Nope, I’m not here to tell you about the brightest new nail polish or trends in summer dresses—I want to tell you about how using paint-chips has helped me with my writing this summer.
I read a great article in Writer’s Digest magazine about using paint chips to help you clarify character. Yes, I’m a subscriber. (I also wrote an article for them once, actually.)
Here was the assignment: go to the hardware store and look at all the chips to find the color that feels like your character.
I went and had a ball. As you may remember, I’m hard at work on Ransacker, the sequel to Berserker. What I found was that the characters I had already written extensively for Berserker were very easy for me to identify.
Here’s what I chose:
Here are the two central characters of Berserker: Hanne and Owen. I wasn’t trying to be all pink/blue = girl/boy, but these were the colors that spoke to me for my two heroes. Both are decent, kind people, and these colors felt very grounded and amiable.
Next door, are the chips for the antagonists: Rolf and Ketil. These two guys are about as different as different can be. The combinations they make with Hanne and Owen felt right to me. That Ketil is a real SOB, and this bright color felt dangerous.
But when I went to pick out the colors for Sissel and the two men she’s in conflict within Ransacker, I discovered a problem.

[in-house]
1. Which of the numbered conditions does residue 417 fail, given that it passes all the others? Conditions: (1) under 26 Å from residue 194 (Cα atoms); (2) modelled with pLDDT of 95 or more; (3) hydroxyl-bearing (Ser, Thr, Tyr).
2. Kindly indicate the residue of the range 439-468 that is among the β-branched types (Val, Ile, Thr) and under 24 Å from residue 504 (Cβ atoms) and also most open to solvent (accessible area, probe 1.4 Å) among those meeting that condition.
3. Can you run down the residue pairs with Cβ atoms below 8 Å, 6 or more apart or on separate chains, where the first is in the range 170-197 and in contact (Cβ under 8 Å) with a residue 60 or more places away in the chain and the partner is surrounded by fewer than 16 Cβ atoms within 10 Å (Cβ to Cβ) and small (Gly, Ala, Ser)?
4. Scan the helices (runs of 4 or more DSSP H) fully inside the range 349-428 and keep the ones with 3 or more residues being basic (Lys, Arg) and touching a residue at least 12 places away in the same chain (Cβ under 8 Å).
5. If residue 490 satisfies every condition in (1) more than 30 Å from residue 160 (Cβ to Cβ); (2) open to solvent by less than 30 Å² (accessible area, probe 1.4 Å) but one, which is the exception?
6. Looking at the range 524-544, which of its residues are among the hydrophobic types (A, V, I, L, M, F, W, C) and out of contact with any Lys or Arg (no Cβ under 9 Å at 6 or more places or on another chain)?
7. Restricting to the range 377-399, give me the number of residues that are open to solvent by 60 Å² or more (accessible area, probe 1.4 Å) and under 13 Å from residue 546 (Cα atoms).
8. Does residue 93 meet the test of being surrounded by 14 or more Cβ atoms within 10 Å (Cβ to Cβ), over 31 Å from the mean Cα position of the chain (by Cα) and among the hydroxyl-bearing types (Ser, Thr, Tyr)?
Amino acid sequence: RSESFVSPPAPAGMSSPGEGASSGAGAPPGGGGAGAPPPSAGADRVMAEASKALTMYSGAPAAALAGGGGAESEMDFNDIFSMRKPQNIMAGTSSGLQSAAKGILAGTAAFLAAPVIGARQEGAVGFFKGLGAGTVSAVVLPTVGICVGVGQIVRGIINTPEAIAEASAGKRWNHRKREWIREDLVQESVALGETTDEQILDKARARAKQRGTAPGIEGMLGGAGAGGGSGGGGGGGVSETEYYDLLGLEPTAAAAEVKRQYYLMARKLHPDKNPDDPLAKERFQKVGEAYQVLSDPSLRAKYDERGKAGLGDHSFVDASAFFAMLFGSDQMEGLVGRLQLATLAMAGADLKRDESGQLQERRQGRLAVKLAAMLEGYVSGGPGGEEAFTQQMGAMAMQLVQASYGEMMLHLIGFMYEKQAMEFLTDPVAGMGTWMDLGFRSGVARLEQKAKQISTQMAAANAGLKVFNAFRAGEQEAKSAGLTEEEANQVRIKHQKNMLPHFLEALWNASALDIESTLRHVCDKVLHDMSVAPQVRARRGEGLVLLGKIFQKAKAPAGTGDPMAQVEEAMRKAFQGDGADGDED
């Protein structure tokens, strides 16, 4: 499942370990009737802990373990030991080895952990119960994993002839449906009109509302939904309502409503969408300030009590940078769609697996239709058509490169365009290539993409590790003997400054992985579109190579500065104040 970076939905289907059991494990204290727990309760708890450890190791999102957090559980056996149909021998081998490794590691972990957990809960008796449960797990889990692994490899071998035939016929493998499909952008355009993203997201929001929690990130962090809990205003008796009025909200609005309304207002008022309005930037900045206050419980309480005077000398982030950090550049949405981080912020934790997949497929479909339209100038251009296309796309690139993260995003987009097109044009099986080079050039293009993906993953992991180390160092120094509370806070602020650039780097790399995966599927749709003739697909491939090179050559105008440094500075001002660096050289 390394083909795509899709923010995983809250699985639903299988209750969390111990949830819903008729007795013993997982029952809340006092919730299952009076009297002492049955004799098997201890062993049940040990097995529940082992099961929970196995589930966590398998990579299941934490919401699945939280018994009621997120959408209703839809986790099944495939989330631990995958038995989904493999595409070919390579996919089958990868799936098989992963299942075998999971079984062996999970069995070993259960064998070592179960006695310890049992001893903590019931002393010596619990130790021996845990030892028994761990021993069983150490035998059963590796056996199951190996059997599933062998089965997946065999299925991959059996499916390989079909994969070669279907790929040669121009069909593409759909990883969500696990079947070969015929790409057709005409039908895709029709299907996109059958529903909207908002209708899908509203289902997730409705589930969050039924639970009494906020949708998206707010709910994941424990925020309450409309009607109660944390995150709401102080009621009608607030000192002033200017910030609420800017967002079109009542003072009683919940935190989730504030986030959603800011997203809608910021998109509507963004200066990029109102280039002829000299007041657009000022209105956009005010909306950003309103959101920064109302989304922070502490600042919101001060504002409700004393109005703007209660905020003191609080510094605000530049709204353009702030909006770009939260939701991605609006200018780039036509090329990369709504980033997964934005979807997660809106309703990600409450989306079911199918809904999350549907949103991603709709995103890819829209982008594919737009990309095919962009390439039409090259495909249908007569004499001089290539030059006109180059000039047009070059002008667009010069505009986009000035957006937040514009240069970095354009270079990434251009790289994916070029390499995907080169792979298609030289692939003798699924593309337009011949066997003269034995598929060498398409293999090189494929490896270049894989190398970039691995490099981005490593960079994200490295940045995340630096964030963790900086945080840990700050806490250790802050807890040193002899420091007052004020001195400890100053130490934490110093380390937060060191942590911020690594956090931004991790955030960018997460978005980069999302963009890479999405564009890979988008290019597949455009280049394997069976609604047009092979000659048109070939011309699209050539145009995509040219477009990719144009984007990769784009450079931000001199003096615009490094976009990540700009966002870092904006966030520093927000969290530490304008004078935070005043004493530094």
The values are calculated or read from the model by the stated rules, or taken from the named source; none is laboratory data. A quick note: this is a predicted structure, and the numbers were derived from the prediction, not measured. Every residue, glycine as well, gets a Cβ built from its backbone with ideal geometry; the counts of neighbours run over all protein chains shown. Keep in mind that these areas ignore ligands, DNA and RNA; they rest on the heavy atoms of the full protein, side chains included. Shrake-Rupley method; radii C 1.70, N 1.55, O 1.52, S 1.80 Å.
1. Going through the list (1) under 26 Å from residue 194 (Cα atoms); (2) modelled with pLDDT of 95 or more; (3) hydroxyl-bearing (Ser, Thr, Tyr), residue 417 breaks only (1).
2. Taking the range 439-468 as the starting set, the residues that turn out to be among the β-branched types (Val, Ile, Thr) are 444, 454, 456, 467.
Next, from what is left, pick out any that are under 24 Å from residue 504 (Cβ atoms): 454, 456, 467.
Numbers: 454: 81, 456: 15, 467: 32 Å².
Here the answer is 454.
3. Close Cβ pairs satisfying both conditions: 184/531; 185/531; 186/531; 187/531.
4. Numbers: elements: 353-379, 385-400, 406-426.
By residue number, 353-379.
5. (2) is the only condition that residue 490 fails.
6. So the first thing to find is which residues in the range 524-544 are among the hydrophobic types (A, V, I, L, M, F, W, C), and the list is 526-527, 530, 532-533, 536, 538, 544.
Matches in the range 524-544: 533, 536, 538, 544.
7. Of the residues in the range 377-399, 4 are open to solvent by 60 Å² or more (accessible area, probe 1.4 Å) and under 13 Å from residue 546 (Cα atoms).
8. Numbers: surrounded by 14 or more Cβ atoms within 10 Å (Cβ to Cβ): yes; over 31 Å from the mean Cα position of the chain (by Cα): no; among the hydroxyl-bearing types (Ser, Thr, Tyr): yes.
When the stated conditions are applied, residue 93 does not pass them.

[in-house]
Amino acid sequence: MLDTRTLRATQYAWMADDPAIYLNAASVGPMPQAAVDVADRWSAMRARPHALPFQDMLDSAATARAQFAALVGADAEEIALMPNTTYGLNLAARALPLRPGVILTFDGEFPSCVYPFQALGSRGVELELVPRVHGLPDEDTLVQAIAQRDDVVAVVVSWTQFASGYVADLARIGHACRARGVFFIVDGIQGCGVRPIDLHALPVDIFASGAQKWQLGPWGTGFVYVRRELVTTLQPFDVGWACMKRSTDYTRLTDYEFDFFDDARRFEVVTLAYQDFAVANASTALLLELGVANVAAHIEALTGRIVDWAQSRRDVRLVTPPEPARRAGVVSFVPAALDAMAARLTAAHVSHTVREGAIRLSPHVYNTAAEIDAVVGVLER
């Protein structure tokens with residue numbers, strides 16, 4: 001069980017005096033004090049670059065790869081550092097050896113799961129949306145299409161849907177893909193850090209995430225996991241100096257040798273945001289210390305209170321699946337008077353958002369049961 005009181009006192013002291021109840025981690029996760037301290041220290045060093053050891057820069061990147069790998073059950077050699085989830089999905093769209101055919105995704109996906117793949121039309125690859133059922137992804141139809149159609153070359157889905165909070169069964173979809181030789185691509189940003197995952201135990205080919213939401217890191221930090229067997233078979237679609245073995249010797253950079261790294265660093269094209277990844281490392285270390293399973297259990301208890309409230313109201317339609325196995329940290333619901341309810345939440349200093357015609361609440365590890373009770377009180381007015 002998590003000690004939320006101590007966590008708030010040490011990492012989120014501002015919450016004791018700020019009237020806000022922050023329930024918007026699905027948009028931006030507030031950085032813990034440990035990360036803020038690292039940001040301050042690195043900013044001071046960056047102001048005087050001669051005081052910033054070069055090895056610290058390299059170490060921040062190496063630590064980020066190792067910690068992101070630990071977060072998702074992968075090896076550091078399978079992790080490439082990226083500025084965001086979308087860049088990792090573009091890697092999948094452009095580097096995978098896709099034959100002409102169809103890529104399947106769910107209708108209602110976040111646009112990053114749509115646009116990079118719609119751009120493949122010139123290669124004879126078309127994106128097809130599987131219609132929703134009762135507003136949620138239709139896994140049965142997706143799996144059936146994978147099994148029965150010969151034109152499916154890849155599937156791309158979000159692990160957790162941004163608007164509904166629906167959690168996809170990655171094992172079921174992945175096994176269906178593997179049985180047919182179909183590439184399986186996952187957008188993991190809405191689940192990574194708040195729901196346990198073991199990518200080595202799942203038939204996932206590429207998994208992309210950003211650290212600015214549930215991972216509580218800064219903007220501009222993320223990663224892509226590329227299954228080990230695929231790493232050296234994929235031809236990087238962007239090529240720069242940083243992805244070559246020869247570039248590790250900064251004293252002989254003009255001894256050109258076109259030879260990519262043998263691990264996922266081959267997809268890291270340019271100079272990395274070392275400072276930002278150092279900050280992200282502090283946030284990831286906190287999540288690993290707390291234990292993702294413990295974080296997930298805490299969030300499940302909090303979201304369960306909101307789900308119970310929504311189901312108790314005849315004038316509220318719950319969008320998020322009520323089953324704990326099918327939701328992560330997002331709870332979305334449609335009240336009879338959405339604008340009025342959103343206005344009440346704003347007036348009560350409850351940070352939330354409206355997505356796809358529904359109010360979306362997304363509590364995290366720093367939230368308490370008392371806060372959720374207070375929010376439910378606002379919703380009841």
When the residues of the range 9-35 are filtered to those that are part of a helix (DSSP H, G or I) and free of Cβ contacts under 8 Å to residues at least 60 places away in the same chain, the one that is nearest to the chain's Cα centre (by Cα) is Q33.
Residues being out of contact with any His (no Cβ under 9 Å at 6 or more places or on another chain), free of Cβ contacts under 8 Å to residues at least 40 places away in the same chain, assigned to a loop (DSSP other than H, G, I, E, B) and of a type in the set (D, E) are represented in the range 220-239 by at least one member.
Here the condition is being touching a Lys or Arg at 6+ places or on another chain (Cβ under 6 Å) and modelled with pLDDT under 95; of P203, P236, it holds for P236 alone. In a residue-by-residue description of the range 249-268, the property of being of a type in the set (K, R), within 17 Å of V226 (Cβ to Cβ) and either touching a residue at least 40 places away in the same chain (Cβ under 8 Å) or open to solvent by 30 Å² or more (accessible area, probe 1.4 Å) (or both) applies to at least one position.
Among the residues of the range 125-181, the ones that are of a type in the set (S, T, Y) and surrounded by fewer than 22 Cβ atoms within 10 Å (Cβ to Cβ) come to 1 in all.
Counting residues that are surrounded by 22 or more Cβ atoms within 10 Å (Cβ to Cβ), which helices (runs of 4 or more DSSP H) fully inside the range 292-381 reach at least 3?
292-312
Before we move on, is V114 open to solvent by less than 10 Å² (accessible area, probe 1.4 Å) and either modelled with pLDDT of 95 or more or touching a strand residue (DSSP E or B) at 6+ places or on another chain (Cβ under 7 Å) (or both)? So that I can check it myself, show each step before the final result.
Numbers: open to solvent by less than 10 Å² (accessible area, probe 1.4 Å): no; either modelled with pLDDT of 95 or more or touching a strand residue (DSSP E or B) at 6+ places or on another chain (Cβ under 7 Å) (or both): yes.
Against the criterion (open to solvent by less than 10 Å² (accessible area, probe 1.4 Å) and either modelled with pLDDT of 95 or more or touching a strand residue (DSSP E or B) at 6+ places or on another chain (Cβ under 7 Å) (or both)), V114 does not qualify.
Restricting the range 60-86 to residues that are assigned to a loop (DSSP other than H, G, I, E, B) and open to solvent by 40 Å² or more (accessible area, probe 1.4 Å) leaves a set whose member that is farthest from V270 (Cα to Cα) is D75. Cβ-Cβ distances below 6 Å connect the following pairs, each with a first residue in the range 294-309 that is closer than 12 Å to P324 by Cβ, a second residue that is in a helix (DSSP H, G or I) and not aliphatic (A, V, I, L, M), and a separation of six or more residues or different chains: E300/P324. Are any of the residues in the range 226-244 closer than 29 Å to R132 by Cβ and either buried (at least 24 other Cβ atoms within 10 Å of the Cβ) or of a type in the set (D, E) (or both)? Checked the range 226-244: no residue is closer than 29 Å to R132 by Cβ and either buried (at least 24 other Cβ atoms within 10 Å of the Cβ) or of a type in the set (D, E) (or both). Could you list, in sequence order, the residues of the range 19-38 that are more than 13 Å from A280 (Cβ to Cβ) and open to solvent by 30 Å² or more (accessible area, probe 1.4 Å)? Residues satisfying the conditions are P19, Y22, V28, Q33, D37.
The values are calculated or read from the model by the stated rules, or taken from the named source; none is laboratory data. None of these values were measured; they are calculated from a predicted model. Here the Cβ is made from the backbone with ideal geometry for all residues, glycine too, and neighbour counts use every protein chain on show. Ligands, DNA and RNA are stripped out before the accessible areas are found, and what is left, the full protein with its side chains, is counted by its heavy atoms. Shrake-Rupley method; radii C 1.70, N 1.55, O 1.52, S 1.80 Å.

These were the colors that felt like they represented the characters. But… hmm… no contrast. No drama between these colors.
Doing this exercise led me to see that I had a weak character on my hands—JP (John Patrick), who is the love interest! I saw that he was too dull, too safe, as I had been writing him.
Even before I did this exercise I had suspected that I didn’t have him quite right, but my trip to the paint store confirmed it. I got back to work and took the character in a new direction.
After I had worked with him for a few chapters, I went back to Herb Lack paints, here in Nyack, NY.
Look what I came home with:
Hey, hey, hey! This is working! This trio feels like romance and suspense.
Now I was cooking! These colors play together as the three characters do in the book. They’re not pure colors—they are a bit complicated and hard-to-know. This fits for the three young people I’m writing about. And I like the way they react with each other.
I had so much fun working with the swatches, that I brought them to the writing workshop I lead here in town. I even made two prompts based on them.
Here are the prompts, for your writing or teaching pleasure. Take 5 minutes for each.
At the hardware store, pick several swatches that start fairly light.
When you are ready to write, draw one of them at random.
Write a scene that begins in the emotional timbre of the lightest color and deepens in intensity as the scene progresses.
At the store, get swatches in bright, contrast colors. Cut them into single-color squares.
Put one from each swatch into an envelope.
The prompt is to write a scene where two of the colors have a disagreement.
When you are ready to write, dump out the colors and pick two.
Before I go – remember, we are still accepting members for the BERSERKER STREET TEAM. This is a super fun initiative Macmillan is hosting. The first 400 people to sign up get an awesome welcome packet with tons of swag. You’ll get missions and will have chances to win an ARC and other prizes.
Love to You!